Photo by Kevin Scanlon

Carol Stakenas is two months into her new job at Los Angeles Contemporary
Exhibitions by way of Creative Time, “New York’s most adventurous art presenter,”
and the Third Millennium Foundation’s Center for Tolerance Education. She has
an MFA in sculpture from Cranbrook, but never saw herself as a studio artist.
“I’m interested in so many forms of art that I find it a lot more interesting
to work on an organizing level,” she says over a vegetable red curry at a Hollywood
Thai restaurant. Why Los Angeles, why now? “There’s just a really nice energy
that’s happening here, in part because of the art schools but also just because
of the mass of artists choosing to live here.”

L.A. WEEKLY: How is it different here from what you’ve known, and
how do you go about discovering it?
So much of the contemporary art practice, whether it’s visual art or performance or hybrid, really relies on context and timing. And L.A. offers this really interesting and challenging cultural landscape. I’m going around to take a look at what is happening in museums, galleries, artists’ studios. I’m also going to be meeting with groups of artists or groups of people interested in cultural dialogue. We’re dedicating our New Gallery, our back space, for more performance-oriented events; that’s in part to bring in different audiences, but also it keeps the space flexible so that I can bring groups in to talk about what’s going on out there.

And how do you see LACE fitting into the landscape at this point?
My strategy is to create LACE as a platform for curators, artists, people who want to stage certain kinds of projects, rather than advancing my own personal curatorial view. That’s in large part because my focus is on looking at what an organization like LACE really looks like in the current cultural landscape. It’s about finding different ways to ask age-old questions: How does an organization like LACE champion innovation and experimentation with integrity and enthusiasm and a certain level of accessibility?

Accessibility has not always necessarily been a LACE forte.
As much as LACE is a local institution, it has a national and international reputation, and artists who show with LACE are seen not only within an L.A. context but within a larger context. So the work has to be able to connect with people who are watching the visual arts; at the same time, it also has the potential to attract other audiences. And that’s where this word accessibility comes in — to do an exhibition that engages toy culture, say, or gaming. What’s interesting about it is that it’s offering artists a chance to get their ideas and work connecting with audiences that are eager for culture — work that takes itself seriously as art but isn’t hung up on the definition of contemporary art in a white box. We can be a play space, a space where these kinds of cultural exchanges happen.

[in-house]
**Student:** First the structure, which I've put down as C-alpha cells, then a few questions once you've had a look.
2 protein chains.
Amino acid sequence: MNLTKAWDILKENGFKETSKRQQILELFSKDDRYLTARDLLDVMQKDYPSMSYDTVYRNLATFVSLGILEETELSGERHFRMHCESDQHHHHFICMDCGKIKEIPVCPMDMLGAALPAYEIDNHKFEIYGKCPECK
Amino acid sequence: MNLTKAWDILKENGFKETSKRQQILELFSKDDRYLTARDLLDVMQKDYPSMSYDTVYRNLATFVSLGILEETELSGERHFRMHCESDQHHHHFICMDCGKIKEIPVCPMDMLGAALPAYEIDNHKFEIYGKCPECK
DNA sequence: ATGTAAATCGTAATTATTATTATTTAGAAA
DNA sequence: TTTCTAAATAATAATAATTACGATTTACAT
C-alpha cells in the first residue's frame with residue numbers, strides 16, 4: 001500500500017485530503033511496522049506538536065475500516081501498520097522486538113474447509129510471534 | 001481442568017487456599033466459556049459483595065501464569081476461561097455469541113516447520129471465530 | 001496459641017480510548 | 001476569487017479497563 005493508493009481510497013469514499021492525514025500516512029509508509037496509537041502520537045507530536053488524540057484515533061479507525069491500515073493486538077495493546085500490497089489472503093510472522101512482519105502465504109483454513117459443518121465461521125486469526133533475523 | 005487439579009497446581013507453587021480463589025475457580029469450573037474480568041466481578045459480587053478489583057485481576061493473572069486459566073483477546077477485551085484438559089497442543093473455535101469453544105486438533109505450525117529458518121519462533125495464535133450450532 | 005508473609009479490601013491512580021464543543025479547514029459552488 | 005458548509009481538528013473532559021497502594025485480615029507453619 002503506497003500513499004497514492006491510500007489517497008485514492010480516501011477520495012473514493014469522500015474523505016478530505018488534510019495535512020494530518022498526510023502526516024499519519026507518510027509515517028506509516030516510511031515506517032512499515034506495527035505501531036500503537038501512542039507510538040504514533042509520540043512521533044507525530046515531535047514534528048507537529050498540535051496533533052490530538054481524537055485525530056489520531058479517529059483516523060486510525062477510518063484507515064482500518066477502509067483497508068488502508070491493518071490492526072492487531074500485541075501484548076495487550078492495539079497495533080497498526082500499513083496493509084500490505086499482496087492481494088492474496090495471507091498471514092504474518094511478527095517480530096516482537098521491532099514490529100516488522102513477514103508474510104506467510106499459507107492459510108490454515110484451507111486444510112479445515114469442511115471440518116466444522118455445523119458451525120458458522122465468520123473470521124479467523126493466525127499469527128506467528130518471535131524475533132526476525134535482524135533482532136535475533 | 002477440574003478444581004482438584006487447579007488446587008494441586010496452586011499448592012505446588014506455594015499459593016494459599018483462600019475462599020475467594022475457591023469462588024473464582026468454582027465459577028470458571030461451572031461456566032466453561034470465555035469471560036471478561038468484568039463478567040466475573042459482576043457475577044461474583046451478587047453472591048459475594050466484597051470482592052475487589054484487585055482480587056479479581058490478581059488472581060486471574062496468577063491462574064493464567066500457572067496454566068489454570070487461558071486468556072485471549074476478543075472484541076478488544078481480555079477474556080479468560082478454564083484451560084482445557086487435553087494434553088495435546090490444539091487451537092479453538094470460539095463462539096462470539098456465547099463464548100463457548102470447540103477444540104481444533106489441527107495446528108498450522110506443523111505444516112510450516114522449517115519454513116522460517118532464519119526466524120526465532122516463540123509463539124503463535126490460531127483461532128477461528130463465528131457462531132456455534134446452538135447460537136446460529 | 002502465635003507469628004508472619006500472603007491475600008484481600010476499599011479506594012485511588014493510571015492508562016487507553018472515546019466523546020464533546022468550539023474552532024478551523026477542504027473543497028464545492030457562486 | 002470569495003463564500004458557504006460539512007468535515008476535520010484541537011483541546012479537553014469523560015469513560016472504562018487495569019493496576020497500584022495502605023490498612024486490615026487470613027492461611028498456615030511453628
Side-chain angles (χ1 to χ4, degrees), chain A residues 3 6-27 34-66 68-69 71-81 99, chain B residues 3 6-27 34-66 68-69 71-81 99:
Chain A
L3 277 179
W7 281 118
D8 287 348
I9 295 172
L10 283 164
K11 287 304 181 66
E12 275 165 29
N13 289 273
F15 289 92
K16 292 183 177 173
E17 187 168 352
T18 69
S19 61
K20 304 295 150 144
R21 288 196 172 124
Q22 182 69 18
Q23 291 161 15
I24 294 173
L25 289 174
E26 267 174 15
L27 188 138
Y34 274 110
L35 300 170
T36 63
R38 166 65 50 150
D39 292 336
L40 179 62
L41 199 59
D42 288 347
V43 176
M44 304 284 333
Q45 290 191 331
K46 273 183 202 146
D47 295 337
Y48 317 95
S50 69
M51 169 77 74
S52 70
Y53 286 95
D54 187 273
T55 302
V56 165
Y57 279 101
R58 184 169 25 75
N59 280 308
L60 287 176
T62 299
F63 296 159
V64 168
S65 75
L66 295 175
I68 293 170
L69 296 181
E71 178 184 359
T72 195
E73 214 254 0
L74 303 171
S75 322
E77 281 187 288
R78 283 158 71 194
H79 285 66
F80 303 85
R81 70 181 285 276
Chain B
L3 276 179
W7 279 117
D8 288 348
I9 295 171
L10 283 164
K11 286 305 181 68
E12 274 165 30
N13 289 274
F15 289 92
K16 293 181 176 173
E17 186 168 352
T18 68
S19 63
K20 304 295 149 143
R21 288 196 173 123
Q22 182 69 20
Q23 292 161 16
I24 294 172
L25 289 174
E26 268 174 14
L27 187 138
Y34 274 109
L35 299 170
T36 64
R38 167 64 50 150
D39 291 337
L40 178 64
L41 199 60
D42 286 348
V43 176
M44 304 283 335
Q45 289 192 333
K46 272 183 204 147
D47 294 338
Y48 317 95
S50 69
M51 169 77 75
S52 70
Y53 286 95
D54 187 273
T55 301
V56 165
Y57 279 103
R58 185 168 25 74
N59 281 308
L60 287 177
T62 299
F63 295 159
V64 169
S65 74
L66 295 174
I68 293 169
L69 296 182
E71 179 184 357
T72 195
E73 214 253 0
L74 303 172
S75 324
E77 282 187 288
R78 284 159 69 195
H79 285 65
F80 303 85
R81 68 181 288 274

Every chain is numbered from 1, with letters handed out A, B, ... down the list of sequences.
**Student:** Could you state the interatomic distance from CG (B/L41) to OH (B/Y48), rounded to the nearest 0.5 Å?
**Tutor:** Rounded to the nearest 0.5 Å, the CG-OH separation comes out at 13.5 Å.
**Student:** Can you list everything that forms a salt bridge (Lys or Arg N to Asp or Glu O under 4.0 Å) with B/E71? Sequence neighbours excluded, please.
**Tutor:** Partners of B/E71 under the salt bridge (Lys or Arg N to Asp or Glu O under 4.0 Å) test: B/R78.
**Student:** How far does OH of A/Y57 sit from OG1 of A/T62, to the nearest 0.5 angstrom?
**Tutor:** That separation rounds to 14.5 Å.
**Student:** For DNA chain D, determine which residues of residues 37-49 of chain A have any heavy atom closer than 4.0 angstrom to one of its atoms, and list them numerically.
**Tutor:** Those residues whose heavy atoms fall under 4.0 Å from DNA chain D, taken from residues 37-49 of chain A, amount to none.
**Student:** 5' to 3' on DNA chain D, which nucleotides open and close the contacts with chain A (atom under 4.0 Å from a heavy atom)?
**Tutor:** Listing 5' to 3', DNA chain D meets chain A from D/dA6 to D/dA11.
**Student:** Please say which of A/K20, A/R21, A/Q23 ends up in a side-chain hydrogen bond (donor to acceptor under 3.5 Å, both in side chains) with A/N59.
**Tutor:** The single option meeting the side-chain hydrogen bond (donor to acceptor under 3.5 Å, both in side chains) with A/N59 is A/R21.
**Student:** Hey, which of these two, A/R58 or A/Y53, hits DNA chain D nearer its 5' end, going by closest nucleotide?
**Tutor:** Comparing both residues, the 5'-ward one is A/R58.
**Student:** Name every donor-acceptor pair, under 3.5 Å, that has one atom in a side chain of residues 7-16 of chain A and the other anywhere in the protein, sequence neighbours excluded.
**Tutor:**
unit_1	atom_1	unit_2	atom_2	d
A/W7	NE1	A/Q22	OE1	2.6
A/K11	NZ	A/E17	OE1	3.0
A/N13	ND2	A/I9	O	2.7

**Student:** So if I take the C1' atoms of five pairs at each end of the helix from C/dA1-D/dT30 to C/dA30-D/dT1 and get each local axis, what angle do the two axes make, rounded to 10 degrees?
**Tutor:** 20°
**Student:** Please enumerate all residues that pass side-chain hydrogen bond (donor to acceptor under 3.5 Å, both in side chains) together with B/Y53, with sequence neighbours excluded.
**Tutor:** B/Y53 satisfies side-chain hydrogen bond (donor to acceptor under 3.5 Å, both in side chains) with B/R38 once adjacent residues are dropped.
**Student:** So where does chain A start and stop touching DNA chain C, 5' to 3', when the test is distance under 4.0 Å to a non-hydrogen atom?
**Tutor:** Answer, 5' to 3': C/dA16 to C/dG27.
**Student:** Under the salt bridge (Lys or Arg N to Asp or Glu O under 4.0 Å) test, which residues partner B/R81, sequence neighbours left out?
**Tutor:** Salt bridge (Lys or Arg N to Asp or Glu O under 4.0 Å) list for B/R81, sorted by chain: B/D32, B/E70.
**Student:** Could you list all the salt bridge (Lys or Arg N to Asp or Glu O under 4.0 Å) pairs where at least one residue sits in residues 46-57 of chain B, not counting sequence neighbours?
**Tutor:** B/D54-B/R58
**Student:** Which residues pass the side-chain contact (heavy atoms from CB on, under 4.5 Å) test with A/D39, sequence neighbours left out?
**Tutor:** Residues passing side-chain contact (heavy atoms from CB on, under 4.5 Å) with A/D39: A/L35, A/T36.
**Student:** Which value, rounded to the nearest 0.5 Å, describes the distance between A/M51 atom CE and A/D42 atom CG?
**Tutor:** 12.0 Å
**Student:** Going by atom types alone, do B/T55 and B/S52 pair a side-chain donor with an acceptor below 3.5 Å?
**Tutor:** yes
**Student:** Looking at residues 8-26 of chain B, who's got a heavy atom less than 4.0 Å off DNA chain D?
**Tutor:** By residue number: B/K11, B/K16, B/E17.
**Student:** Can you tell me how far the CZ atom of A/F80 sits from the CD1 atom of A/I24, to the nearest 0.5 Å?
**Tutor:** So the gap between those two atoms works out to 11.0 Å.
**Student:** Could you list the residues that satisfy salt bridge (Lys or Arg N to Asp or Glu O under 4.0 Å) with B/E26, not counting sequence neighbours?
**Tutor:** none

What would make up an ideal show at LACE?
I can say that an ideal season would include several different things: a serious presentation of a single artist, some really lively group shows, with complimentary programming, and more performative projects. And then there are two other factors: One is to break out of LACE location-based projects; I want to see us do public works. And I also want to dedicate a portion of the year to forum-based activities — bringing together artists and what I like to call “allied professionals.” So if it were dealing with communications, maybe it would be sociologists and statisticians who were looking at online communication patterns — something that would mix it up.

I want to see work that appeals to a lot of different kinds of artists and audiences but

that also has depth — to the projects or to what the work is talking about that gives

possibilities for different people to engage. Accessible not because it’s oversimplified but because it recognizes the complexity and the multiple entry points of the place it exists in.

You’re looking for a certain quality of work.
There is a fearlessness that sometimes comes with being younger; there’s
another kind of fearlessness that comes with having made a commitment to being
an artist as your profession. It’s that fearlessness, and that kind of insatiable
appetite for inquiry — those are the kinds of art projects that I want to see
at LACE.

Future LACE exhibitions include “Civic Matters,” an art and design exchange
with Swedish and local artists; a show of photographs and video by Caracas-based
Alexander Apostol; and “Draw a Line and Follow It,” a commissioning of several
artists to create new works inspired by Fluxus “event scores.”

LA Weekly